But after years of consideration by the courts, it has finally been determined that income under the Social Security Act is not to be considered as income at all for the purpose of bankruptcy. Finally!  And it only took 8 years!

If you have been told that you do not qualify for Chapter 7 due to your income from Social Security, or if you are currently in a Chapter 13 that is using your income from Social Security, you may want to reconsider. Talk to an attorney and see what can be done. The flood gates have been opened and many people are converting their case or modifying them due to this vanished income.

So, if you collect income from Social Security, forget about it. It really is not there…


disappearing income II

For the purpose of bankruptcy anyway.

So, maybe in 8 years or so, we will get this Obamacare thing finally straightened out and we can all get our insurance back to normal. But until then, hold on to your hats and glasses, this is going to be a long and bumpy ride.

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guarding the castle II

Time and time again, when discussing bankruptcy, I am asked if they can protect their house when they file. This is an extremely important issue to those with homes that are contemplating filing for bankruptcy protection. So lets start with the wording of the question. “Can I protect my home?” Home should be changed to “equity”, as in “Can I protect my equity?” When a Chapter 7 bankruptcy is filed at court, the court appointed Trustee will review your assets. The goal here is that if a debtor owns too many assets, then the court will begin the process of liquidating that asset.  The asset, in the case of a home, is not the actual home per se, but the equity in the home. This may sound scary, but in a vast majority of cases, these assets can be protected. Equity in property such as vehicles and homes, retirement accounts and even toys such as jet-skis, dirt bikes and trailers are possible to protect.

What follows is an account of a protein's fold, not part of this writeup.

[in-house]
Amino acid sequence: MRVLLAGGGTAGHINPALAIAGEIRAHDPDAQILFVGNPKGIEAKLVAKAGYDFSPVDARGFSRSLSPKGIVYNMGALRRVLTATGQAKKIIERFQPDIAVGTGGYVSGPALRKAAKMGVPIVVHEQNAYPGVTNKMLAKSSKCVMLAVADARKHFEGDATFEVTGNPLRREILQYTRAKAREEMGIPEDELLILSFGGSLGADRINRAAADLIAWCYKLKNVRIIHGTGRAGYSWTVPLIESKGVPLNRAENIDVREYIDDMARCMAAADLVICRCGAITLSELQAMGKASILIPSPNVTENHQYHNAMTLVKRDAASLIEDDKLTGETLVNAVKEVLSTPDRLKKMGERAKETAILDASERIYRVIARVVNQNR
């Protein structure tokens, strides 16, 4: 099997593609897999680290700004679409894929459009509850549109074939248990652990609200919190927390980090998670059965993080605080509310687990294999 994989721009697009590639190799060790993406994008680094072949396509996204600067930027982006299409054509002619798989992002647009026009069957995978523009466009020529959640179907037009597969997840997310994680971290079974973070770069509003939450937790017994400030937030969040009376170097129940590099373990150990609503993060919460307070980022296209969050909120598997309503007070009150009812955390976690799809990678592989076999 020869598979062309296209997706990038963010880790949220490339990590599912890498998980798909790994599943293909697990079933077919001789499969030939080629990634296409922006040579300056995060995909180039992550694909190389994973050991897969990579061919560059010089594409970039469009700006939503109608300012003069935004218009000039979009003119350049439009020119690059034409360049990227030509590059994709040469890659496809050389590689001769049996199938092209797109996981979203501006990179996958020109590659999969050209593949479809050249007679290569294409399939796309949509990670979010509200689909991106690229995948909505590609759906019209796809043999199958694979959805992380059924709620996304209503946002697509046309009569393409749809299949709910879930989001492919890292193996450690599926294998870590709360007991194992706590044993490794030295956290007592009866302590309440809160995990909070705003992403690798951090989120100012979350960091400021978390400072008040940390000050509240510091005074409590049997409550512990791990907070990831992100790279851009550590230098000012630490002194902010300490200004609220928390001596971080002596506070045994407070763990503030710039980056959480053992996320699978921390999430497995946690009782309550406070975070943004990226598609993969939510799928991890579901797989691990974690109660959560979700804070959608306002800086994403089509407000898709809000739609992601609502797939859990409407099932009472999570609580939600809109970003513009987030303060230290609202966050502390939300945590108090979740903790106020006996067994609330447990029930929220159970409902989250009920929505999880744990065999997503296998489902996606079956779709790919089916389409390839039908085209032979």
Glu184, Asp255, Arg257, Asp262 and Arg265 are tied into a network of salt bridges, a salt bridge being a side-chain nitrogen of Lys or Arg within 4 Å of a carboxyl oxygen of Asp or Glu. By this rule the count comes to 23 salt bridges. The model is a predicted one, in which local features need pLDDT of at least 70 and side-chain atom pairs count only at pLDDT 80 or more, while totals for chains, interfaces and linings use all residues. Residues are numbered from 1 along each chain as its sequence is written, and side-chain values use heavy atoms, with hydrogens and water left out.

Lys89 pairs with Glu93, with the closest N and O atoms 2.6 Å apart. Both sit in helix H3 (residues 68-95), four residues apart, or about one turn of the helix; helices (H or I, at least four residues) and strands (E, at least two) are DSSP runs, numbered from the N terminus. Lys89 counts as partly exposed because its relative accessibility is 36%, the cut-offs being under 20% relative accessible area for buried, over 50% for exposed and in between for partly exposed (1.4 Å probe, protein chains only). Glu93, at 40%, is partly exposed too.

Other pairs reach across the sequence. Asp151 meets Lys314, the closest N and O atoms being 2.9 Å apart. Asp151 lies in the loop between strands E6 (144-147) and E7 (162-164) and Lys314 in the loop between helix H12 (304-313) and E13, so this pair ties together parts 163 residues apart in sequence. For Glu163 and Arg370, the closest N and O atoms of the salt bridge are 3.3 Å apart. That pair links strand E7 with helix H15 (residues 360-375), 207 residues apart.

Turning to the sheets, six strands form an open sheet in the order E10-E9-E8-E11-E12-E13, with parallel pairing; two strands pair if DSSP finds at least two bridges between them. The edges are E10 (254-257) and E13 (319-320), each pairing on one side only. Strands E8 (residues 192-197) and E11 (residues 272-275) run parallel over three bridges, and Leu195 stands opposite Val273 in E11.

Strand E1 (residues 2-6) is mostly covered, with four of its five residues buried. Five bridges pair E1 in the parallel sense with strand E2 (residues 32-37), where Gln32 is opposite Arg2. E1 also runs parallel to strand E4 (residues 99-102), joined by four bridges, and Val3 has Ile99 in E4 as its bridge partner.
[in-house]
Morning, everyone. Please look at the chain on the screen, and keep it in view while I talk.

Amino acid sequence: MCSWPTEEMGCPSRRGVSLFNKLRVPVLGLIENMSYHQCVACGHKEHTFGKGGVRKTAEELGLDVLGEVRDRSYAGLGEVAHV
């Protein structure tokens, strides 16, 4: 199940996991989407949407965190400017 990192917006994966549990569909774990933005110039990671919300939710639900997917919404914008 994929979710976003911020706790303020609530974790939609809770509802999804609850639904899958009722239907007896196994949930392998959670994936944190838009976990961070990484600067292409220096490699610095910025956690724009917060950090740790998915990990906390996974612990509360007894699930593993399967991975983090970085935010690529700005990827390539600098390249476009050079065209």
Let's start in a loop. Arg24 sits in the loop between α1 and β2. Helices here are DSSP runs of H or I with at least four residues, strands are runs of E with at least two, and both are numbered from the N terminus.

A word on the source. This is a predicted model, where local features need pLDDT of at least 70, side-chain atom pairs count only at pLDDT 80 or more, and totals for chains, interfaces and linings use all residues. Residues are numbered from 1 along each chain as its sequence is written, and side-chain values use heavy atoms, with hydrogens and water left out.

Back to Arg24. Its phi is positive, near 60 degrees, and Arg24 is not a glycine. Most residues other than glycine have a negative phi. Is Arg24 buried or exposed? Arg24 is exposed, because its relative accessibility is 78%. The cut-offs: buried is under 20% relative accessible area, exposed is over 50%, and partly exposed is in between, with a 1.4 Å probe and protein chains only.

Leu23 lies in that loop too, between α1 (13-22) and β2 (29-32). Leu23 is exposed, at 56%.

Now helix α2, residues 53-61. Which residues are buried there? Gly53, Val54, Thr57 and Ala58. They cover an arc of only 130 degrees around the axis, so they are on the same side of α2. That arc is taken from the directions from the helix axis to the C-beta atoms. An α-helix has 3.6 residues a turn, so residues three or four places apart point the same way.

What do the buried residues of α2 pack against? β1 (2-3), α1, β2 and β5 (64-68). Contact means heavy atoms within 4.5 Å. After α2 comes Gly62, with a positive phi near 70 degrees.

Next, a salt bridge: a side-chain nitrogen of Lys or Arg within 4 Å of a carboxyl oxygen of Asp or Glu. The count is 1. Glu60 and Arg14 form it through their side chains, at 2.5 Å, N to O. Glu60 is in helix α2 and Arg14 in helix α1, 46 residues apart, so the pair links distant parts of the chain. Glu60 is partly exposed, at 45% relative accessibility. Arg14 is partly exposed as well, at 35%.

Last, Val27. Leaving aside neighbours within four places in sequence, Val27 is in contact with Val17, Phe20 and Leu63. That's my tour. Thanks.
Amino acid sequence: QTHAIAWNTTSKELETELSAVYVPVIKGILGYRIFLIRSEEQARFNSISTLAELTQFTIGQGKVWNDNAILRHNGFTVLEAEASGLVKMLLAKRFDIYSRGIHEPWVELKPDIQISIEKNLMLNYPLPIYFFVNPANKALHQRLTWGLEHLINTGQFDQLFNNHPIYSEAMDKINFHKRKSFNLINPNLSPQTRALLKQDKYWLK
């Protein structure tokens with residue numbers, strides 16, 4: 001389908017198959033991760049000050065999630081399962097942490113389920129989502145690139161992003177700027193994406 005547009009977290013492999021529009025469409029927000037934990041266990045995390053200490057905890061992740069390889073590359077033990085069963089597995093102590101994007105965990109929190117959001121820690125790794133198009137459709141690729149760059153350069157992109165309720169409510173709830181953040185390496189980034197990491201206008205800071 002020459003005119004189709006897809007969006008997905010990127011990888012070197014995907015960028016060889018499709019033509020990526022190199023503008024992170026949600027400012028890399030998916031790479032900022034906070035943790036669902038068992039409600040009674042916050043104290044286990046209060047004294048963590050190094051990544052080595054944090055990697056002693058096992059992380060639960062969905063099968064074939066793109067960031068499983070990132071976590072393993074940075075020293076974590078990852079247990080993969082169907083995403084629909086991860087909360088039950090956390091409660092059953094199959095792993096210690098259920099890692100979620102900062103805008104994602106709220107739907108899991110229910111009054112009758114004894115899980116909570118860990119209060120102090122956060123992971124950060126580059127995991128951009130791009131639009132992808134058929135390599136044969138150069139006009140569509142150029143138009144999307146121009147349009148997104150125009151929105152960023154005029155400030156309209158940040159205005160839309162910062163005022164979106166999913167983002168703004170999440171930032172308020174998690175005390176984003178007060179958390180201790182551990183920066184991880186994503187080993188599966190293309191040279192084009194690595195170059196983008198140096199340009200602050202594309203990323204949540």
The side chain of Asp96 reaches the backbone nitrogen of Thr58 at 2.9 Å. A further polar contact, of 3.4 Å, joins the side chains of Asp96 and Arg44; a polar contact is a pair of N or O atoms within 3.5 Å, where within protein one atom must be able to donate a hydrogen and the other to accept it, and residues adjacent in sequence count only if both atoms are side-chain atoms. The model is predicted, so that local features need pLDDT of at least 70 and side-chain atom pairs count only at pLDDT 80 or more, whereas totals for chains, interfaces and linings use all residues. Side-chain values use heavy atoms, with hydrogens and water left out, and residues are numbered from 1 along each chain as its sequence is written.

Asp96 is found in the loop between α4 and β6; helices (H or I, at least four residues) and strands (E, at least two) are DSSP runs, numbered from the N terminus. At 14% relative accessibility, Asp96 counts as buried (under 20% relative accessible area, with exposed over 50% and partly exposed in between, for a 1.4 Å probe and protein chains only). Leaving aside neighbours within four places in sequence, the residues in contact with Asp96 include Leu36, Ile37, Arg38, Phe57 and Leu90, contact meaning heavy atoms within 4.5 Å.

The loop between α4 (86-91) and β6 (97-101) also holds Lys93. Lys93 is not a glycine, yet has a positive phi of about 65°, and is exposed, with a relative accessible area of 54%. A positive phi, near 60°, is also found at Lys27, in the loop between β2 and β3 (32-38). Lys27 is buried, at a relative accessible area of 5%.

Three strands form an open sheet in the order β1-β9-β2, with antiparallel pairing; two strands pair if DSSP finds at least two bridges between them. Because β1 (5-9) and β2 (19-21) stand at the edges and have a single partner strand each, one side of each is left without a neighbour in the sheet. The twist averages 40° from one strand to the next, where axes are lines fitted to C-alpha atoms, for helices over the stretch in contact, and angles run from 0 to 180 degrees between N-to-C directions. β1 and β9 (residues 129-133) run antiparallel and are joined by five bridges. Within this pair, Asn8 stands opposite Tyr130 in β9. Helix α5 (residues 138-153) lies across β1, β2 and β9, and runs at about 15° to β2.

The bankruptcy court allows certain “exemptions” to property to protect the property from liquidation by the court. These exemptions can be confusing and you should discuss your particulars with an attorney. But in most cases, equity in a home can be protected.

As with any legal matter, it always best to discuss your case with an attorney. Particulars of a specific case change depending on many things and having an experienced attorney on your side would be very beneficial. You do not want to go to your bankruptcy hearing, and finding out, only then, that you are not actually entitled to a particular exemption and that the court is going to liquidate your property.